Thursday, July 16, 2009

A Natural Consequence Story

Note: This blog post was written in May 2009 but had not been published. At the end is an update revealing how this turned out as of July 2009.
---

As I write this there is tension in the home. Yet again my eleven year old's disorganization has resulted in something getting lost, something he needs for his comfort and well-being.

Last fall the eleven year old finally outgrew the largest size of a boy's raincoat. We had to move up to men's sizes. He needed a lightweight rain jacket with a hood to wear especially on Boy Scout camping trips when he'd be forced to spend hours outdoors despite it raining. Men's outerwear is not cheap you know. We got this one on SALE at the LL Bean factory outlet for just over $40.

I'm suddenly realizing this about clothing costs. I thought kid's clothes were expensive before. I note that a boys XL is usually the same in measurement as a men's small but even in the same brand and same style the price jump for the men's size is huge. My brother-in-law complains of this also with girl's clothing. His issue is his middle school grade daughters say it is a stigma to wear outerwear or shoes in girls sizes, they want women's XS or S size for the winter coats or the different size of shoes and sneakers but the price change is sometimes $75-100 higher for the women's size especially with high quality ski jackets and with the Uggs. My nieces report that the other girls at school read the bottoms of their Uggs to see who is wearing girl's sizes versus women's sizes and ditto for the winter coats and other outerwear. Upon hearing things like that I am glad I have two boys and no daughters. I feel for them with their peer pressure situations but my practical side would go ballistic when faced with that demand from a child of mine.

My son had worn the jacket the prior week at wilderness school and it was full of mud. He washed it. (He and his brother do the family's laundry and he puts away his own clothing.) Now it is now lost. Only six days had gone by and it had not been re-worn. Where was it?

As we pack for his camping trip this weekend, with rain predicted for Saturday night I told him to pack the raincoat. Well now what?

Now my other son and I are running around with him looking in all the places where it should be. We can't find it.

Yet again this is something we spent money on and bought a quality item as I wanted something that actually worked (unlike cheaper rain coats I've bought that are actually not waterproof!) and this son has lost it.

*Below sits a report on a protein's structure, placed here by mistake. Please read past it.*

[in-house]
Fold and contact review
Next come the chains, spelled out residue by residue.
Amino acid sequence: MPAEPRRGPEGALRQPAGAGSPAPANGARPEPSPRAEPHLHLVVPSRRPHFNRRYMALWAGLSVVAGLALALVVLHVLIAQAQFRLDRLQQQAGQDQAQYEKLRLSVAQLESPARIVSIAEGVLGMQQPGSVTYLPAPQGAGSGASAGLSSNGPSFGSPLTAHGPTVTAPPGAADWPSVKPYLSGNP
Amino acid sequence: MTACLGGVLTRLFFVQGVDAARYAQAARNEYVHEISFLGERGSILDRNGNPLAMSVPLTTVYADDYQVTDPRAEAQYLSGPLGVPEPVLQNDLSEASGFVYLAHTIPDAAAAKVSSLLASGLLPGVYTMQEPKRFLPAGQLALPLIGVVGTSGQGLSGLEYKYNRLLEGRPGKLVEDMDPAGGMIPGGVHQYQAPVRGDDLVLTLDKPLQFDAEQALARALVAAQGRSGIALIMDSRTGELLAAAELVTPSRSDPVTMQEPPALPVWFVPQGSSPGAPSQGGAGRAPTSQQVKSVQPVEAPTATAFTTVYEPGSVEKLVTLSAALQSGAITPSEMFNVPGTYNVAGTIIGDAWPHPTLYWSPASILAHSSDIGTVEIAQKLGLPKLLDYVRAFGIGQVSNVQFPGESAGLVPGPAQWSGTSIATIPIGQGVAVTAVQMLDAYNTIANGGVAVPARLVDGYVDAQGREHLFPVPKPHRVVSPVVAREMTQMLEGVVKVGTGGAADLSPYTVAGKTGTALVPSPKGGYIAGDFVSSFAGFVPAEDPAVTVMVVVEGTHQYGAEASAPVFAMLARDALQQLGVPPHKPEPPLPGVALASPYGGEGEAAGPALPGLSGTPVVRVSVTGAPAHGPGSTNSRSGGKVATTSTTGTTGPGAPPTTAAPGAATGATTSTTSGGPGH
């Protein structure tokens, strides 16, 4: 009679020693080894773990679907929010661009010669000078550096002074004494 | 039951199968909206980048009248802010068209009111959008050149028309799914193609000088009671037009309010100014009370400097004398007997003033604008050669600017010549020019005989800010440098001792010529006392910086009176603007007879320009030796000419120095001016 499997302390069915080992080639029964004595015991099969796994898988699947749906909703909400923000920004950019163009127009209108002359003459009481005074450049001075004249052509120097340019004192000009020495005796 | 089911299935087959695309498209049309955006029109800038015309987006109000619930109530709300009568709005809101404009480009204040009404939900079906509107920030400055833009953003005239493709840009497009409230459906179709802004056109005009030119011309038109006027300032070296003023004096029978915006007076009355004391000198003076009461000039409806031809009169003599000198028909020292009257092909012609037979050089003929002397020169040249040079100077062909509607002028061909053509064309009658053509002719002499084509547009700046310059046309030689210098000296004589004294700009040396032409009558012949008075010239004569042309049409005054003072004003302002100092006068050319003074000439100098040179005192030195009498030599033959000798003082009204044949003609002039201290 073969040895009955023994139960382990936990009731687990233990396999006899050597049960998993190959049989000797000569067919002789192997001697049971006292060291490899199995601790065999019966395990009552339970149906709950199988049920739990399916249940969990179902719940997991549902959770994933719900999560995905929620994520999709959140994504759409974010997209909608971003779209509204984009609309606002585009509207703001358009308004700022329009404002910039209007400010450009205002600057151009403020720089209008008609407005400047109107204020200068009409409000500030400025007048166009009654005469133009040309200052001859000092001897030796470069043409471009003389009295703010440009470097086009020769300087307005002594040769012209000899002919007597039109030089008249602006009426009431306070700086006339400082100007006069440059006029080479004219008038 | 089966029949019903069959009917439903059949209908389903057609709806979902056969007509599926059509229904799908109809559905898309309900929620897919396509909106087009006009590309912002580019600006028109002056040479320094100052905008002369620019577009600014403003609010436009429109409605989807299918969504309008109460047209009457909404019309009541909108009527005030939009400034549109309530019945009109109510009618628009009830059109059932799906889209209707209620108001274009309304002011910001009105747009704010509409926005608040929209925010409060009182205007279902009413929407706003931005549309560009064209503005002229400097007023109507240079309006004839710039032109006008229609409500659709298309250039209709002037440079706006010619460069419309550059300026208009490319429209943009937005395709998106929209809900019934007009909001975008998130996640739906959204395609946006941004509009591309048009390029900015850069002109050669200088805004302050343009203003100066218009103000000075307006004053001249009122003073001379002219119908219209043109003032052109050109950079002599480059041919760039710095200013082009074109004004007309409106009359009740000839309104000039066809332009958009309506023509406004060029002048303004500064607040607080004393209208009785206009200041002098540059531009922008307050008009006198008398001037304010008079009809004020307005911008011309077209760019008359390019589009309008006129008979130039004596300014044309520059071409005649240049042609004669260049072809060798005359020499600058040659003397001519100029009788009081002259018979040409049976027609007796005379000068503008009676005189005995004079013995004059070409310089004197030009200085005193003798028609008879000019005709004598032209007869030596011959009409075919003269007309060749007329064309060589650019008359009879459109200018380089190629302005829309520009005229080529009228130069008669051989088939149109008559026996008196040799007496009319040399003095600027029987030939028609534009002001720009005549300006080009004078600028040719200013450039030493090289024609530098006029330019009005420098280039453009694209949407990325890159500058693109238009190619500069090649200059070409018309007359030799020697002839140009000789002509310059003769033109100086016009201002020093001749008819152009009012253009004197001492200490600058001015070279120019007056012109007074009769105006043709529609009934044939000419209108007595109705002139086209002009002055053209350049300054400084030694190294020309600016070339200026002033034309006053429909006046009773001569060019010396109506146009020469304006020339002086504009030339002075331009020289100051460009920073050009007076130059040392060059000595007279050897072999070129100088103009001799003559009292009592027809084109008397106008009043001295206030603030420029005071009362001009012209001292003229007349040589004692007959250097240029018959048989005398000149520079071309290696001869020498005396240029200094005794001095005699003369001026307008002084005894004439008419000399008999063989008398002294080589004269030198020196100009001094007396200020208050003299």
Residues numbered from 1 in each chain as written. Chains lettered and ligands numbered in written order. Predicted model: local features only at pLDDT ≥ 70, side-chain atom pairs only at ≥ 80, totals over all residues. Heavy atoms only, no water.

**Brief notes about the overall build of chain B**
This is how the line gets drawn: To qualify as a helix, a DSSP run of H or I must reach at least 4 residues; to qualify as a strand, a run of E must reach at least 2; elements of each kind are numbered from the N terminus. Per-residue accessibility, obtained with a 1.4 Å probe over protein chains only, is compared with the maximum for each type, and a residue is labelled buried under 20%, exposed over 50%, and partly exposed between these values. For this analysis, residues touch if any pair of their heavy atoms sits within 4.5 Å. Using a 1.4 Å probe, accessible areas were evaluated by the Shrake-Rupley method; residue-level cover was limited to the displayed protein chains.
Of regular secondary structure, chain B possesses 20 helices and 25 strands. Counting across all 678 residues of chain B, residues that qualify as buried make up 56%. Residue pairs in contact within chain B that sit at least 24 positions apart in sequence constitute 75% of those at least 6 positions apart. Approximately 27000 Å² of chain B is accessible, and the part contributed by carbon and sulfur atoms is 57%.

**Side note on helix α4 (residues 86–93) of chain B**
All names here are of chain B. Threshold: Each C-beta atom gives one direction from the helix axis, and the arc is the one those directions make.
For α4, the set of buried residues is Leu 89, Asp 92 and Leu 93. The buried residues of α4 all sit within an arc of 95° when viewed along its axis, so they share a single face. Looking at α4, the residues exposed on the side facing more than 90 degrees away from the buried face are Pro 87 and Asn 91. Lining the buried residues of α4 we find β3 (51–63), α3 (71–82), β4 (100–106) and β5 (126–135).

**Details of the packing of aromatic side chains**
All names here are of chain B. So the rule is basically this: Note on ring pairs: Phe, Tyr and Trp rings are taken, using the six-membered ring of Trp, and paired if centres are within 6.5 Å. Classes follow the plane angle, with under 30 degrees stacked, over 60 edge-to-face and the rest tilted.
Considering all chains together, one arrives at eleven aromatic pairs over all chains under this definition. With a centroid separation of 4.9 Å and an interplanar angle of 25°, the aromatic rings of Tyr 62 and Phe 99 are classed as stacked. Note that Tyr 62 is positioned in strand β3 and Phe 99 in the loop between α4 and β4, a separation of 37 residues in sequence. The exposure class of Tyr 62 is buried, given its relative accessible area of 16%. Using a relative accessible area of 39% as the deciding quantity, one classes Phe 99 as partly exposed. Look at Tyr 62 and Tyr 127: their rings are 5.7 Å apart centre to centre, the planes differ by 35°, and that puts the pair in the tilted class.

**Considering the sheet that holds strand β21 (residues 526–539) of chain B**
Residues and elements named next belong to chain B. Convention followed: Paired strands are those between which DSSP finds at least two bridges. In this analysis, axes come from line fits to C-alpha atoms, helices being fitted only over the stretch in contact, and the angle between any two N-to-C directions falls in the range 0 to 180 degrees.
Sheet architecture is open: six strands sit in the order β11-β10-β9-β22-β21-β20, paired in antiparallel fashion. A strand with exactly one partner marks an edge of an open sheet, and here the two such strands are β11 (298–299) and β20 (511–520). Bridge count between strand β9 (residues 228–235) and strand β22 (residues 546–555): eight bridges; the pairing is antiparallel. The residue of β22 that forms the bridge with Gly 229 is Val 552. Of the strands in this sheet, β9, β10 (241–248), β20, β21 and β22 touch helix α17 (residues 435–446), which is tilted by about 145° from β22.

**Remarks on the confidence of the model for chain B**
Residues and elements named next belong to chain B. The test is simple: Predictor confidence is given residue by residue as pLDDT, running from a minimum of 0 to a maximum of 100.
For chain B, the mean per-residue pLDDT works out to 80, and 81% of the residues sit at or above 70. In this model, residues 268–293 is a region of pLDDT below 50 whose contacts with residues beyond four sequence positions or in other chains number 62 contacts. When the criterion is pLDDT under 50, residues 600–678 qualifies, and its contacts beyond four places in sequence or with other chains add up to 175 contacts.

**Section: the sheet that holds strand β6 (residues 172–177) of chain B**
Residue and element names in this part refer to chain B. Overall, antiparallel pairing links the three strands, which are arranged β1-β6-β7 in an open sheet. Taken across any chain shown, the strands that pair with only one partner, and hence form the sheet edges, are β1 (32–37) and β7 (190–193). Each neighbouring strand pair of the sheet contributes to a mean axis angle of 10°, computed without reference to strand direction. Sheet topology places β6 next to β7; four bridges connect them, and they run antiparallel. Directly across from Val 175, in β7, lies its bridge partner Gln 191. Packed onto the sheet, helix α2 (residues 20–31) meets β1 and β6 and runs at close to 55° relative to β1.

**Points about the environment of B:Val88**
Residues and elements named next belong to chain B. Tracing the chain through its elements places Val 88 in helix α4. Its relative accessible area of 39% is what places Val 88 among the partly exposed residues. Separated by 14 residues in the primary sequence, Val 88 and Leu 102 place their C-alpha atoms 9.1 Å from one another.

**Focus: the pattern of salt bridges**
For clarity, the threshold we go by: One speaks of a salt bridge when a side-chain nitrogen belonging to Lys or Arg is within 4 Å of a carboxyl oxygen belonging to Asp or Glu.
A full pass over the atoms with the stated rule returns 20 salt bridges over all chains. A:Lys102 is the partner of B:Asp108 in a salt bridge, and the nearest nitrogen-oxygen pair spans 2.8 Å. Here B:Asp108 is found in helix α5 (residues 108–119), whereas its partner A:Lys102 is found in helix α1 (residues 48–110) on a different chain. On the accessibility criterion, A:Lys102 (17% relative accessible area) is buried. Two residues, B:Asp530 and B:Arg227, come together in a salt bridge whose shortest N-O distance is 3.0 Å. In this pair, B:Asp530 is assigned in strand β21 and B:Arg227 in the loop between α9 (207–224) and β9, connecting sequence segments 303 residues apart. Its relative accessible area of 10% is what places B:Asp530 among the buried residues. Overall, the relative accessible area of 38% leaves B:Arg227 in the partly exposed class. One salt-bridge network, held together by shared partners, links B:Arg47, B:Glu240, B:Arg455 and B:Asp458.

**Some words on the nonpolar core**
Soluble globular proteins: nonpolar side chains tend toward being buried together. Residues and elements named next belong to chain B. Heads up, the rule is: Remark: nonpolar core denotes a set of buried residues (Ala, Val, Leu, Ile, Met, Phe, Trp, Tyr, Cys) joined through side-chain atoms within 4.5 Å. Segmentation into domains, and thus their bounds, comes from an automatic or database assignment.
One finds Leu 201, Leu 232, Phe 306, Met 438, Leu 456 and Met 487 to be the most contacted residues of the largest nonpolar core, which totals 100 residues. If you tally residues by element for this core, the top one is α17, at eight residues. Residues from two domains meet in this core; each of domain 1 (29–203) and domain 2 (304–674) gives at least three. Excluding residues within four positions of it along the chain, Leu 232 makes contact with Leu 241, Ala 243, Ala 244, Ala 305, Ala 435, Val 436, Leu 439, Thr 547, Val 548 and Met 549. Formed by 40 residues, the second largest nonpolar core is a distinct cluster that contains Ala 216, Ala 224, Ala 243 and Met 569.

So I told him if it rains I will give him a big garbage bag with holes cut out for his arms to wear as a poncho. He got a look of horror on his face.

Then I recalled we have a big rain poncho, it is bright yellow with a giant Mickey Mouse on it. We bought for a couple of bucks at Disney World when a big rainstorm hit on one of our past trips. I gave it to him and again he got a look of horror on his face.

The third alternative, the choice is up to him, is when it starts raining and he must be outdoors for the many scheduled events at the camping trip, he can choose to wear his regular spring jacket or a hoodie, and get all wet, then go to sleep wet.

So, parents, there you go with a story of natural consequences being used instead of traditional punishment. I'm giving the boy his choice of three options.

For the record I did consider lending him a nice rain jacket/windbreaker that my husband got for a gift, but I use it when I'm outside exercising or doing yardwork, and frankly, I don't want to risk letting him use it this weekend lest he lose that one too, then I'll be out a jacket that I use and I'll need to buy one to replace it. Forget it.

Update May 2009: My husband went on the camping trip with him. When I told my husband the plan for the natural consequence he said I was being cruel. We discussed it and I lost out. My son was given one of my husband's extra windbreakers the he received free from attending a professional conference for work. It is not as high quality as my son's LL Bean one but it is better than a big poncho or a trash bag.

Update July 2009: The raincoat suddenly appeared. My son had put it on a hanger and put it in his closet with his short and long sleeved shirts. He says he looked there back in May but didn't see it. In his daily use of said closet since May he never noticed the coat hanging there. I had not double checked the closet in May since my son swore it wasn't there, I was looking elsewhere. Since my son dresses himself and puts away his own clean clothing I have no reason to ever go into his closet so I never saw it there later either.

The real place the jacket belongs is in the hallway closet near the door we exit the home from. That was thoroughly checked and it wasn't there.

This is yet another example of that son of mine not putting things away where they belong, being careless in his organization and storage of items. It is also another care of him not seeing what is right in front of him. He often does that, says he looked for something in a drawer and complains it is not there when I know it is there, then when I look it is there.

I chalk it up to another trait of the very visual-spatial person.

2 comments:

Crimson Wife said...

I've noticed the overlap between kids' and adult sizes and use it to save $$$ on my own clothes when I can. My winter dress coat is a girls' size 16 and it cost about half what the store was charging for a virtually identical misses' size 4P.

James Marcus Bach said...

This is a good story. Sometimes I worry about the "natural consequences" idea, because I've heard examples that sound like the consequences where pretty contrived. In your case, it seems that the consequences were a result of your son's actions and your own reasonable needs.